Fighting Bird Flu: What can we learn from the past?

Fighting Bird Flu: What can we learn from the past?

A highly pathogenic avian influenza strain H5N8 in a duck-breeding farm in Yorkshire (UK) has been confirmed on November 16th 2014. The last influenza confirmation in Great Britain was in 2008. What can we learn from the past in preventing the spread and fighting the bird flu? And what can mobile do about it?

The Department for Environment, Food and Rural Affairs (Defra) said the risk to public health was low and there is not said to be a food safety issue. Some 6,000 birds will be culled from Tuesday morning and a 6-mile exclusion zone is in place.

The disease spreads from bird to bird by direct contact or through contaminated body fluids and faeces. The avian influenza virus changes frequently creating new strains and there is a constant risk that one of the new strains may spread easily among people. But there is no evidence that any recent strain of avian influenza has been able to spread directly between people. Avian influenza isn’t an airborne disease.

SMS alert service

Next to be able to report and spot bird flu (swollen head, blue discolouration of neck and throat, loss of appetite, respiratory distress such as gaping beak, coughing, sneezing, gurgling, rattling, diarrhoea, fewer eggs laid) prevention is equally important. The Animal Health and Veterinary Laboratories Agency (AHVLA) have an easy-to-use alert service to which people can subscribe. AHVLA’s alerts are either sent through SMS text messages, email and pre-recorded (mobile) voice messages. This service provides registered users with the latest news specific to exotic notifiable animal disease outbreaks in Great Britain.

Alerting through mobile

Mobile messaging not only helps to alert people when bird flu risks arise. They are also meant to help increase information flow and to report bird flu suspected area’s. In 2007 the Indian service Husbandry and Veterinary Services (ADH) launched an SMS based reporting system “to track the health of livestock and breeding services in the state, according to the service's director. Under this system, the officials codified villages and prevailing livestock diseases to source data from about 10,000 officials, including 2,000 veterinary doctors, working across the state”, The Communication Initiative reported. ADH stated that the system reduced the gap between officials in the field and decision-makers on the other side. Overall governance was done more efficient with the SMS based system, he says.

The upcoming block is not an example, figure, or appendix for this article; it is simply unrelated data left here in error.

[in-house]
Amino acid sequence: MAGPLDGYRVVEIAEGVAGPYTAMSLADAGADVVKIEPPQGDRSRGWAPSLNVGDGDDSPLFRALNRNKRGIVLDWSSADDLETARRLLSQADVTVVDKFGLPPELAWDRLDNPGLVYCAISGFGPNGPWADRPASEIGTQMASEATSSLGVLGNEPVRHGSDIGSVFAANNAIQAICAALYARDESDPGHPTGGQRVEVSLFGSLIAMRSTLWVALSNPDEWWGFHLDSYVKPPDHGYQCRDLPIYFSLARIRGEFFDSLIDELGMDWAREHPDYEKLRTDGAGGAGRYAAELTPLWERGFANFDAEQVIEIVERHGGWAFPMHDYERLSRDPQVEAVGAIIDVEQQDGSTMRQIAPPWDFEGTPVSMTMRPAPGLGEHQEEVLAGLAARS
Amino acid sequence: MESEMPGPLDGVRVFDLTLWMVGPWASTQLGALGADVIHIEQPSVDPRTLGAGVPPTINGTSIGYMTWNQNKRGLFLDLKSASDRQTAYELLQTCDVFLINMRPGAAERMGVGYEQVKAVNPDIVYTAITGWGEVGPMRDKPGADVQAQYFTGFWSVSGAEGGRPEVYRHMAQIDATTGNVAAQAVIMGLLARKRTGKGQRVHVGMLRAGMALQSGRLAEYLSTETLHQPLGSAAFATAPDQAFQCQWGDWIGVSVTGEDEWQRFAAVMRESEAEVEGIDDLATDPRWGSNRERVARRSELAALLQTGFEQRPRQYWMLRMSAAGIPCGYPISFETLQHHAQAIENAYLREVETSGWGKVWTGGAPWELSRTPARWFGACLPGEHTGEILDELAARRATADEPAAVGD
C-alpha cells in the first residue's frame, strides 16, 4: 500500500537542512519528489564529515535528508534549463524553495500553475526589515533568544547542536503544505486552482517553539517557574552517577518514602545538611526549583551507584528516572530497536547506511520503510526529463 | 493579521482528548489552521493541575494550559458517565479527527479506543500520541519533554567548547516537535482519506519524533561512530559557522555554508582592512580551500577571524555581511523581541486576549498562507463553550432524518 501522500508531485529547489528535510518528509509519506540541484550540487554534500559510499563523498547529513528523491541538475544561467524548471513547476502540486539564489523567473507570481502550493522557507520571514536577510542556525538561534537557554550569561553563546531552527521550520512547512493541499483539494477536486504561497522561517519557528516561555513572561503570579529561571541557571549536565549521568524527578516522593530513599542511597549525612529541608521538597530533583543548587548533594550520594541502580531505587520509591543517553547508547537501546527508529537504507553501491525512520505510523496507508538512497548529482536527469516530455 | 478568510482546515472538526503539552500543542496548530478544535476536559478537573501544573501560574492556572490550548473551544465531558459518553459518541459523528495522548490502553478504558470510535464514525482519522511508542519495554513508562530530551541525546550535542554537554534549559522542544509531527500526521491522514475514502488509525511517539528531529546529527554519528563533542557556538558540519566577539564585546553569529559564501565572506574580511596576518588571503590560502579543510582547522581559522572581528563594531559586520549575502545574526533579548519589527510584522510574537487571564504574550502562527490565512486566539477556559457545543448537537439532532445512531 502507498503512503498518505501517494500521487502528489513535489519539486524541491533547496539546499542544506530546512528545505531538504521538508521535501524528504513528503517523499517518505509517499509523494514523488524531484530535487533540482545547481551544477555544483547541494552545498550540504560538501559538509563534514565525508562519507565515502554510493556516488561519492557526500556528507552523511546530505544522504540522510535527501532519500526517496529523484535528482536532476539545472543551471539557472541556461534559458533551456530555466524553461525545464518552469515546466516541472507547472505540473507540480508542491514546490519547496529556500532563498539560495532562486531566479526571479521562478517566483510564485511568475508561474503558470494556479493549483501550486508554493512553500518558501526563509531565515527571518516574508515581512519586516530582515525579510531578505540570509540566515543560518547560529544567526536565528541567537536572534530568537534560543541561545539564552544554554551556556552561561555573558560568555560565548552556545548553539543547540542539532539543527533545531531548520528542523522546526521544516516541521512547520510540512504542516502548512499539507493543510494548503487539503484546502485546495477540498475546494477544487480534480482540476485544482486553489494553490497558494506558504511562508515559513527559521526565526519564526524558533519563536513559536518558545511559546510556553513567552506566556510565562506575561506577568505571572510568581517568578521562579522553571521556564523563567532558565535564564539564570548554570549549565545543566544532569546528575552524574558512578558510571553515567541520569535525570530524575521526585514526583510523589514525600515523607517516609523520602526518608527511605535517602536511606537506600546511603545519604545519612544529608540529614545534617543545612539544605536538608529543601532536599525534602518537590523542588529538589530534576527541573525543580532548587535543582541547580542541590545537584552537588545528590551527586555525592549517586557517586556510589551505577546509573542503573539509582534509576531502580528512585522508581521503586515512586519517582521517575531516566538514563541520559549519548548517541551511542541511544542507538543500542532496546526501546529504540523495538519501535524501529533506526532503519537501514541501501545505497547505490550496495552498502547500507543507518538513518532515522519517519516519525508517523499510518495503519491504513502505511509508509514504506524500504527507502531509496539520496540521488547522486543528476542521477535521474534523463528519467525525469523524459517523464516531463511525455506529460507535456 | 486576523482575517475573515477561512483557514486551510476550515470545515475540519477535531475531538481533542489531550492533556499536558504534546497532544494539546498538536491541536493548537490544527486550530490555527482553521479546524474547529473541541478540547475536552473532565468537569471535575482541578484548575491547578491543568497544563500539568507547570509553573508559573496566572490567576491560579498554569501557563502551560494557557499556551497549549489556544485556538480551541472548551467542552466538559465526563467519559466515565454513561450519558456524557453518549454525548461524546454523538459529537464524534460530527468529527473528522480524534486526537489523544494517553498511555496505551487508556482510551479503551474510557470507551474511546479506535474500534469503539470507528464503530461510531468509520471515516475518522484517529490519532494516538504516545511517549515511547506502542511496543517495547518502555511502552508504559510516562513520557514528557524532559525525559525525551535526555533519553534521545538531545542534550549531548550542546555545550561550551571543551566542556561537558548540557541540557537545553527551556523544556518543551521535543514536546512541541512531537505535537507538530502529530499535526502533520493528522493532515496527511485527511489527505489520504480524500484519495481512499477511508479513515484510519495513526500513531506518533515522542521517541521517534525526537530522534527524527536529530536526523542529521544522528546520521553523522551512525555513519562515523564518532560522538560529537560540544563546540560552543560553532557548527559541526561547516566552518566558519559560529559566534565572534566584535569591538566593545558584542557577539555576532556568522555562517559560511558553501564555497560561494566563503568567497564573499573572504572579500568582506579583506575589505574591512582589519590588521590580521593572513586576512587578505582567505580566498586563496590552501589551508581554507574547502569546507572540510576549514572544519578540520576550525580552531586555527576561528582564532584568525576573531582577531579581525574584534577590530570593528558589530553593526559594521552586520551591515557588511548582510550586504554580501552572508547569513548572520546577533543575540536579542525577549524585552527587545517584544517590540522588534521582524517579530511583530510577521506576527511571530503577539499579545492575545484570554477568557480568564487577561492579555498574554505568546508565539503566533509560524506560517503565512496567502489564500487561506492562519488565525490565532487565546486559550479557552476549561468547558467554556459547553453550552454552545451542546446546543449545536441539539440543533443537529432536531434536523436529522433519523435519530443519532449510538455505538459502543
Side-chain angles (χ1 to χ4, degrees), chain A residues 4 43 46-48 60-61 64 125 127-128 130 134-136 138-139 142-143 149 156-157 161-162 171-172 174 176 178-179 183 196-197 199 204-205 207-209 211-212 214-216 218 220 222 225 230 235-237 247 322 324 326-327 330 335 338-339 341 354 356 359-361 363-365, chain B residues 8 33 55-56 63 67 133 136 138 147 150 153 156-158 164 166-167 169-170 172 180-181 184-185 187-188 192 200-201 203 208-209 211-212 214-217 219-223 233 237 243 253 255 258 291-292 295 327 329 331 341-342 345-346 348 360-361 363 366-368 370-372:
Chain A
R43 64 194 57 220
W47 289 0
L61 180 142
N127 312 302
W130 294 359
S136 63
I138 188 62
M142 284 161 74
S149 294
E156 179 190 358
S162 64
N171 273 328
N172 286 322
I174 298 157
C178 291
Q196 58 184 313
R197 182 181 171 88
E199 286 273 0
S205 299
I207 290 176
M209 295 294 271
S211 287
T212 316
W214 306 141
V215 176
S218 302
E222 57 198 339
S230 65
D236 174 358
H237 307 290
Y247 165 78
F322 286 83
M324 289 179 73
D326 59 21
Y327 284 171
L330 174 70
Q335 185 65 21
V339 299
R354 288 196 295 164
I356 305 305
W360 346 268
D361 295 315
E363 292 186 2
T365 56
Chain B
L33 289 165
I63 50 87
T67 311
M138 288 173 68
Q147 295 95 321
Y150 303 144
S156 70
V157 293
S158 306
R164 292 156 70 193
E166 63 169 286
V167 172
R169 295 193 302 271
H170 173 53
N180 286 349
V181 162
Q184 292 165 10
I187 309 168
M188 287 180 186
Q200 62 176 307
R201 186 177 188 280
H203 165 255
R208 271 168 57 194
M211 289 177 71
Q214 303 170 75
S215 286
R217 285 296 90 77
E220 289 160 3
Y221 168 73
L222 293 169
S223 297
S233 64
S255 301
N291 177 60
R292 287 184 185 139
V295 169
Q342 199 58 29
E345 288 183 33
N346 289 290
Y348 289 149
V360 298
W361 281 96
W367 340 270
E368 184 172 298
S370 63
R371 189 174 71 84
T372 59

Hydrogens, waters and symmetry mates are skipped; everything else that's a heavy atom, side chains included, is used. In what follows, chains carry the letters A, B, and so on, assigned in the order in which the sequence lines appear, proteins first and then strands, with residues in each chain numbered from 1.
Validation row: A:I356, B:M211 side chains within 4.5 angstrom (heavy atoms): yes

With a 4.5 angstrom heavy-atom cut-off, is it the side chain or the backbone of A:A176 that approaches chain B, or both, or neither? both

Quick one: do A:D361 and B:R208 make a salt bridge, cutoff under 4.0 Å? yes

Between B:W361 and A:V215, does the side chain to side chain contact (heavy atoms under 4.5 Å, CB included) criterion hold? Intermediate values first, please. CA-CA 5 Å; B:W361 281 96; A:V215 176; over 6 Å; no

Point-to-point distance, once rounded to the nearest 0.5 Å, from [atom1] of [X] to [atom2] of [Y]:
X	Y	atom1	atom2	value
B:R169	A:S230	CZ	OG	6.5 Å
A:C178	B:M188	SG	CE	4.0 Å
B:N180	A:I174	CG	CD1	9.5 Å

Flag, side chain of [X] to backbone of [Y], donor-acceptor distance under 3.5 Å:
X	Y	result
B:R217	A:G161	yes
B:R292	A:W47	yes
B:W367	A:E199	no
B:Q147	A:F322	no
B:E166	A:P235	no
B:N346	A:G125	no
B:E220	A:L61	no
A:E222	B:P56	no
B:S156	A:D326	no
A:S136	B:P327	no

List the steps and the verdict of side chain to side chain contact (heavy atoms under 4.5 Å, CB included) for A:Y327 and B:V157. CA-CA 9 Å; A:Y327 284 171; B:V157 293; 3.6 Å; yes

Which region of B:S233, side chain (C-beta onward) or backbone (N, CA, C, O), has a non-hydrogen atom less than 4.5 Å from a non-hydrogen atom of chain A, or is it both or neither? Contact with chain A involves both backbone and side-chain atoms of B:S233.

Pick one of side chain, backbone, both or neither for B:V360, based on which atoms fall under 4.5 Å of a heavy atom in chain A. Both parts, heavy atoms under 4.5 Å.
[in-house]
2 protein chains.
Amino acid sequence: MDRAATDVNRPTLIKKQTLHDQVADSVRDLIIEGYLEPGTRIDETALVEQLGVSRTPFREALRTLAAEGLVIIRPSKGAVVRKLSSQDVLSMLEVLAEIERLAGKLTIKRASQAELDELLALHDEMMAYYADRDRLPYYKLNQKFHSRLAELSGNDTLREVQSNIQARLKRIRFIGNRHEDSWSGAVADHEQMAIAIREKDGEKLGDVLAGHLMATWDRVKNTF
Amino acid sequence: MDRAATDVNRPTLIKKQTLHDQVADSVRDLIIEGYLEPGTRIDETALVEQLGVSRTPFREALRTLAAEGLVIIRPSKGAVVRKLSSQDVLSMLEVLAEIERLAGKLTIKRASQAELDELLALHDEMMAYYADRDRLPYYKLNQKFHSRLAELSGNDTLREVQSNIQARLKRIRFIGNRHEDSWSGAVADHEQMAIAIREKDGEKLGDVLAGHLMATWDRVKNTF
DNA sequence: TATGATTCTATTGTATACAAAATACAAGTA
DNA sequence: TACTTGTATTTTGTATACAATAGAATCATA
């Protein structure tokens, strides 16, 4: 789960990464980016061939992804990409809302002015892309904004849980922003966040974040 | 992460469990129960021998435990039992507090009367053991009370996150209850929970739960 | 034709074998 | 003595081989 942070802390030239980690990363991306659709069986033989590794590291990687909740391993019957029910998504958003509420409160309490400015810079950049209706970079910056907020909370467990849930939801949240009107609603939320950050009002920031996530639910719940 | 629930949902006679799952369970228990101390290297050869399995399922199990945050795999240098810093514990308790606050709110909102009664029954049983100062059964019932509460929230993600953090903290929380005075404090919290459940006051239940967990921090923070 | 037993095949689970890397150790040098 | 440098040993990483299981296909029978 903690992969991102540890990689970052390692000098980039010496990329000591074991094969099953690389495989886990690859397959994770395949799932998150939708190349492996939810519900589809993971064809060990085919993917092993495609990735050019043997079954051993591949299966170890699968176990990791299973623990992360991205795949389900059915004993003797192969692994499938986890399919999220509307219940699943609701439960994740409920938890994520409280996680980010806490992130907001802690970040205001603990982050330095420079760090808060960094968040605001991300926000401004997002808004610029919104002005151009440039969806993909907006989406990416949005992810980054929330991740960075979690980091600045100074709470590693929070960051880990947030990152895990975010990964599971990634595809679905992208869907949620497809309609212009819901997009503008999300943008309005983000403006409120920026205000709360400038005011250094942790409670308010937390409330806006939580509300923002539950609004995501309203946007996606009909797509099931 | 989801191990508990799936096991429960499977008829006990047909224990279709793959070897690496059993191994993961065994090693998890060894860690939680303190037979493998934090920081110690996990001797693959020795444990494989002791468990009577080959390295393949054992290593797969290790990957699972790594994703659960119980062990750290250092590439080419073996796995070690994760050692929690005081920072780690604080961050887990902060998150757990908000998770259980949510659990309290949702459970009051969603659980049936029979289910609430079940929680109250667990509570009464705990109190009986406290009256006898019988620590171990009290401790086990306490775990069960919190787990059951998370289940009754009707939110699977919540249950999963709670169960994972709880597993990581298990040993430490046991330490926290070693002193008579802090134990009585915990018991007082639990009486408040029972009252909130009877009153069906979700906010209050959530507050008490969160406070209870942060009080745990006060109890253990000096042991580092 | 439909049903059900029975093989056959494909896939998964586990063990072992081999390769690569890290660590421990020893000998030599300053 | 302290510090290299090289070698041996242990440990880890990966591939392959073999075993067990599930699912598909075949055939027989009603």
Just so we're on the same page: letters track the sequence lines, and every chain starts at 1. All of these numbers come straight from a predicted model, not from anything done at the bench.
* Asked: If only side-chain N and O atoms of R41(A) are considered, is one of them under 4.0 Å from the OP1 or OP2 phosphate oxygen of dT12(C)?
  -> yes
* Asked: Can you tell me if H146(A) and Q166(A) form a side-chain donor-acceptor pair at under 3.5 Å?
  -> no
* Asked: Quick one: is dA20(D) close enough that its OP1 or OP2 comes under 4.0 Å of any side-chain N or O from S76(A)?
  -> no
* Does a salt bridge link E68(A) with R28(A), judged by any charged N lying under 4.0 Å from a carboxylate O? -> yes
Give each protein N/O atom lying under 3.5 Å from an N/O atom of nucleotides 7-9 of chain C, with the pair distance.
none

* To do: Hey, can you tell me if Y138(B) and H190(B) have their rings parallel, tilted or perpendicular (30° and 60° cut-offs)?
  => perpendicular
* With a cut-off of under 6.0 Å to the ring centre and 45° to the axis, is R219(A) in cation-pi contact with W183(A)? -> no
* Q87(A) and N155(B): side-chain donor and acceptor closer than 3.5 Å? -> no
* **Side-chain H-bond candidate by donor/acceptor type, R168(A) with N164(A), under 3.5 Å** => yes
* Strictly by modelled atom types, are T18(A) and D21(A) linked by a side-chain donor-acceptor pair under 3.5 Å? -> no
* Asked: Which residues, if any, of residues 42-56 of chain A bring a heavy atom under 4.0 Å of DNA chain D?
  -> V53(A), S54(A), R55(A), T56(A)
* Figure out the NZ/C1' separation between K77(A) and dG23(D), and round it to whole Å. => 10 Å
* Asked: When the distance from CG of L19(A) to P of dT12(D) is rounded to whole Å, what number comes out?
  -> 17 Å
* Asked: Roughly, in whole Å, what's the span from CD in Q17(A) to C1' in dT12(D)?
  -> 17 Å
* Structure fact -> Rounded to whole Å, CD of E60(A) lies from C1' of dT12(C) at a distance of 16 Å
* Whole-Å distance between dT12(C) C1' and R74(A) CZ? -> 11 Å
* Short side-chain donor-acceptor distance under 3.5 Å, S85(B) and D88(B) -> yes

SMS pilot project

Again in 2008, when bird flu was at its top and held the world in fear, the UN Food and Agriculture Organisation (FAO) selected the northern province of Nam Dinh to carry out a pilot project on collecting bird flu data using instant messaging. With the SMS mobile phone service, the project would help accumulate data on affected areas, the number of dead poultry, and the status of the epidemic in the province, as well as facilitate quarantine and control of further spread. As part of the project, a training course was held for 45 heads of communal veterinary stations from Nam Truc and Nghia Hung districts, which are home to many poultry farms and slaughterhouses.

WHO: 'It will spread'

Although this bird fly spread in particular is still young and not a global real spread yet, the World Health Organisation (WHO), expects it will spread further, it probably hits more bird populations and infect people as well. Information exchange in an early state like the spread is now is crucial in preventing the spread of de avian influenza spread further. Alerting and notifying people is easy since mobile phones are wide spread. There are numerous solutions to alert people using for instance SMS or push notifications, or using both with Hybrid Messaging. Online SMS Gateways provide people with fast and secure tools to quickly engage to their target audience. During and after, data on the spread can be collected from surveys and research spread via SMS Messages.

'Alert on outbreaks'

“Although not experts in farming or mFarming, with the technology of today there is a scope for location based services or apps to alert farmers and people if there is an outbreak in their vicinity”, says Phil Stubs, UK messaging expert and country manager for CM Telecom. “This could be augmented with SMS alerts and push notifications, or even combined in hybrid messaging in order to always reach everyone in a vicinity, regardless of the device.”

More about Hybrid Messaging

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Erik Eggens is an allround journalist, editor, content creator and copywriter and takes a keen interest in mobile, finance and politics.

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